- How Exterior Maintenance Offerings Can Set BSCs Apart
Tips for Staffing, Marketing Exterior Marketing Services
Due to the more dangerous nature of exterior maintenance, those BSCs that are receptive to the idea of expanding their services will be able to generate more revenue opportunities. With that in mind, specific certifications and skillset training are required for employees tasked with completing the job (such as forklift operation). BSCs need to factor this into their budget and workloading considerations.
Meanwhile, an accident can also devastate the entire organization.
“We all know that avoiding workers compensation situations is vital in all industries,” says Buchner. “But in a lower-margin industry like ours, it’s even more crucial.”
This means any time employees deal with anything involving water, power, ladders, lifting or carrying, safety must be in the forefront of everyone's minds.
“The project supervisor needs to identify all risks and hazards at the beginning of each project day and work with the team to continue to identify items that could trigger potential accidents,” Buchner adds.
Finding qualified staff for this specialized work can be difficult. Klein will often shuffle his company’s day porters or a warehouse worker to outdoor jobs as needed. He will only subcontract the work out if it’s absolutely necessary. His goal is to use only in-house staff, but if the specific project is out of the comfort zone for the usual employees, subcontractors will be considered.
Buchner reports using subcontracting partners when they have more work than they can handle in a specific period of time. The firm will also partner with companies that have a particular expertise or have the specific tools and equipment to handle the work more effectively.
No matter the reason, Buchner has rules for working with outside help.
“We treat our subcontractors like our internal team leaders and instill the same expectations with regard to performance and communication,” he says. “All subcontractors must complete a full packet of information prior to working with us as a partner to ensure they meet all insurance requirements, licensing and more.”
Smaller operations might prefer to avoid vetting outside subcontractors or even assigning projects to their own staff. Stoffels, who has had between five to 25 employees over the last 30 years, explains why.
“Generally, when I have taken on exterior work, I do those jobs myself for two reasons,” he says. “First the amount of time and effort required to train and get an employee started for what are usually smaller ‘one-and-done’ jobs aren't worth it.”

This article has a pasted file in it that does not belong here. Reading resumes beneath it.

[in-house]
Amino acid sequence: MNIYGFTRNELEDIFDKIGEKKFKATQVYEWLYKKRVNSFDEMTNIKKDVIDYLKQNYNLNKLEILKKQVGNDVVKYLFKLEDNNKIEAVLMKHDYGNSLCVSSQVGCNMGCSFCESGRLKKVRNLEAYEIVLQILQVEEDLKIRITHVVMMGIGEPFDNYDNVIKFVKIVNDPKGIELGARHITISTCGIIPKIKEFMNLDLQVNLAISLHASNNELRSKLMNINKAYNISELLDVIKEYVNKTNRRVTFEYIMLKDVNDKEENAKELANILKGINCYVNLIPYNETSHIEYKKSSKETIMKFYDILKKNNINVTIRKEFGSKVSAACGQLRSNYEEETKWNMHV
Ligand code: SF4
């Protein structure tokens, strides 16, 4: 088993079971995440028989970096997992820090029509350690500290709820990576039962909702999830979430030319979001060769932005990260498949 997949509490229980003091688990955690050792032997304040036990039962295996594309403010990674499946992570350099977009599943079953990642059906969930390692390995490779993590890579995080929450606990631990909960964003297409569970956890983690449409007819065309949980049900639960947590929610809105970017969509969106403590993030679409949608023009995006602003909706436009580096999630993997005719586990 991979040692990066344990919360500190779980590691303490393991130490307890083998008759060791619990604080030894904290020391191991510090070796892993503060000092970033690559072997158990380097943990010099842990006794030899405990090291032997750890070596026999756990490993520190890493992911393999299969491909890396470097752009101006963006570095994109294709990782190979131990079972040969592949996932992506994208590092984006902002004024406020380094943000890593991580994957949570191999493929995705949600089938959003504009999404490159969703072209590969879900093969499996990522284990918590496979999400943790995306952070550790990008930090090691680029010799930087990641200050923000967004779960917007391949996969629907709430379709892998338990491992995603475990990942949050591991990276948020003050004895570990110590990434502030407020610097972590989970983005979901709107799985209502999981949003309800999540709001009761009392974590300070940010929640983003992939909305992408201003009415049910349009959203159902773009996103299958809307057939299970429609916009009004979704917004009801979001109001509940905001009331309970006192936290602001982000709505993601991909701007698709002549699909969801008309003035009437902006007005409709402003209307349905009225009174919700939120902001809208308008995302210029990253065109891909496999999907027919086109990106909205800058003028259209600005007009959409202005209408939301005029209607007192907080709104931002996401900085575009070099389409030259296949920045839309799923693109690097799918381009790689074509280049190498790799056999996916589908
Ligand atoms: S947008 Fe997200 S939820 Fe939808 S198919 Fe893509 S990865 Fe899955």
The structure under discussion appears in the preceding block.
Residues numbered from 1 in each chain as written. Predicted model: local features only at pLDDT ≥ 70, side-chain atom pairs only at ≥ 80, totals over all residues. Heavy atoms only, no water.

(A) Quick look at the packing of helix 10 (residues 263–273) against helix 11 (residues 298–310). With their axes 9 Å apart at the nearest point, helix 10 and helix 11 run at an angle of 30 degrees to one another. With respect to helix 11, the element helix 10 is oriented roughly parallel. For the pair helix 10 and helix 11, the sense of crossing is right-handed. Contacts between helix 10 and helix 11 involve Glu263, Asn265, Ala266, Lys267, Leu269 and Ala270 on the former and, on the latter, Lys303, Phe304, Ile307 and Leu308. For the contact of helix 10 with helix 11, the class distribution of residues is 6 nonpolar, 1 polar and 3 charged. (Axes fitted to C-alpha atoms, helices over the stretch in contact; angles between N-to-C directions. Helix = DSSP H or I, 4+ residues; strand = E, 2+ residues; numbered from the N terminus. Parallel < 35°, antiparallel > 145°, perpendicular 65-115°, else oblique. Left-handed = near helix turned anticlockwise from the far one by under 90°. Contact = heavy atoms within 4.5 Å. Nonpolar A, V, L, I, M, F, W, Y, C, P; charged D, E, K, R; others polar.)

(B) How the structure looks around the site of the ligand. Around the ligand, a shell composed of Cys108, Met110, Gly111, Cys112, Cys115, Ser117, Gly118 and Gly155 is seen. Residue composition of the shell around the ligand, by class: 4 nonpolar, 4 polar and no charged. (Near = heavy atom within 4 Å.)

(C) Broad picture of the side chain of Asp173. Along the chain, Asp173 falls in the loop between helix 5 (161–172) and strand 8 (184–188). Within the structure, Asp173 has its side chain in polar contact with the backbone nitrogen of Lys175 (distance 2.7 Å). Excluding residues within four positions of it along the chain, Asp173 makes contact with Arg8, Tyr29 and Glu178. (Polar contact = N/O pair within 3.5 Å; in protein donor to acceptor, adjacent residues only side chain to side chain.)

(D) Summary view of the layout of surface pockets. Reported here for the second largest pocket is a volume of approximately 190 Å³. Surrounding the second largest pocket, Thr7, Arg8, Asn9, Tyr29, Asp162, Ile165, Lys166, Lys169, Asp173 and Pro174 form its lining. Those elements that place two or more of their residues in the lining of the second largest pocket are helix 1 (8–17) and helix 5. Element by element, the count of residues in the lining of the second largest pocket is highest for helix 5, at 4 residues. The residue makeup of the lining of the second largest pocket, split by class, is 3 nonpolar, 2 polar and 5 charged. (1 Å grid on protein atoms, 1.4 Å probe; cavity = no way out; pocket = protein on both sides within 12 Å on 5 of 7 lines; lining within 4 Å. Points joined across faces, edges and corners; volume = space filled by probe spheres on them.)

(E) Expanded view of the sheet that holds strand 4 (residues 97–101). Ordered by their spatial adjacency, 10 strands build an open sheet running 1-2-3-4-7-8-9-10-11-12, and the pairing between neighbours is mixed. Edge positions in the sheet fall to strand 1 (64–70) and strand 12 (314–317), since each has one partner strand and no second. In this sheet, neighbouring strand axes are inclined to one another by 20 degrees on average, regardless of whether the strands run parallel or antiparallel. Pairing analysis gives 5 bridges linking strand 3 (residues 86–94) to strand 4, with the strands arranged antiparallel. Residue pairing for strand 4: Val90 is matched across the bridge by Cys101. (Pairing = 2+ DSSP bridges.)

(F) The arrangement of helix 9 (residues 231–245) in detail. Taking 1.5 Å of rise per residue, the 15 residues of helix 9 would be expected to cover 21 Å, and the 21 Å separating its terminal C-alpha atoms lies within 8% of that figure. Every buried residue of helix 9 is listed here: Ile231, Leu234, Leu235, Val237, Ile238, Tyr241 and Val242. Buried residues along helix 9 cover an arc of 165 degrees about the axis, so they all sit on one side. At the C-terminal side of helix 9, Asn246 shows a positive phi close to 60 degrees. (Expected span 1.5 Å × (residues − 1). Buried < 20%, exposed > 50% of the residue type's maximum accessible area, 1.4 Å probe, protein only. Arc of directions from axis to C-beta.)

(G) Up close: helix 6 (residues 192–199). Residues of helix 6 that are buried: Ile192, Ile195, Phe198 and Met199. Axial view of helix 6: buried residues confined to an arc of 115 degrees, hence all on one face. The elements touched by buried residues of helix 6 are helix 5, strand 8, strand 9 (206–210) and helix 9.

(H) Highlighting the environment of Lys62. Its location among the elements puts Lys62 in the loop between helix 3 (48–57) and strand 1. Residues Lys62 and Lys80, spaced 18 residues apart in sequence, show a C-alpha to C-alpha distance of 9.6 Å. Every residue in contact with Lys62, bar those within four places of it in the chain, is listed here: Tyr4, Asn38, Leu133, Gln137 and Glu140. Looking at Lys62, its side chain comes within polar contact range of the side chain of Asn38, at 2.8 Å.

His other reason comes down to trust. Since his employees are trained to do conventional cleaning tasks, it wouldn’t be reasonable to assume they can quickly pick up another task without the proper time to prepare and learn the craft. Whether it’s climbing a ladder, cleaning a gutter, or running power equipment, the risk of an employee getting hurt often doesn’t outweigh the benefit of delegation.
The Marketing Landscape
BSCs utilize a variety of methods to sell their outdoor services to current and potential clients. For current clients, being a proactive partner is a good strategy. Martinez, for example, will point out any cobwebs, debris or windows that need restoration during facility assessments. His main selling point is the ‘curb appeal’ — and the importance of first impressions when customers are approaching a facility for the first time.
The same holds true when the business is apartments or condominiums. Compared to other sectors of facilities, living units, in particular, can take a property value hit when loose trash, graffiti or dirty walkways are left untended.
Making clients aware of these issues can take some extra effort, particularly if they are, as Buchner says, “spending too much time at their workstation and don’t see eyesores that might diminish the value of their property.” In these cases, Buchner suggests taking clients outside for a walk around the property. If they’re too busy for that, he sends photos along with a price quote.
“We’ve discovered that we need to make it easy,” Buchner notes. “Here’s the issue. Here’s the price. Please approve.”
These projects are usually outside the basic scope of work, so when it comes to billing, Buchner prefers to steer clients to a “project price” as opposed to a “time and material” at an agreed upon rate.
“This way, it’s up to us to execute and deliver a high-quality service while working internally to meet our budget expectations,” says Buchner.
For larger accounts, Klein, at Building Professionals of Texas, assigns a strategic account manager (or SAM). The SAM advocates for and strengthens relationships with clients.
“She’s tough on us!” admits Klein with a laugh. The SAM also looks for small issues to address before they become big problems. “She proactively inspects these properties and talks to the clients about solutions.”
When prospecting new clients, BSCs recommend mentioning the importance of exterior services right away. In particular, Martinez notes that it gives the impression that a BSC is versatile and can offer specialized services that competitors wouldn’t take the initiative on.
Klein agrees. “Get them thinking that cleaning is the answer, but vacuuming and scrubbing restrooms is only part of that answer. Send out constant contact emails. At worst, it will cost a few bucks — but you will miss 100 percent of the pitches you don’t swing at.”
Amy Milshtein is a freelancer based in Portland, Oregon. She is a frequent contributor to Contracting Profits.
How Exterior Maintenance Offerings Can Set BSCs Apart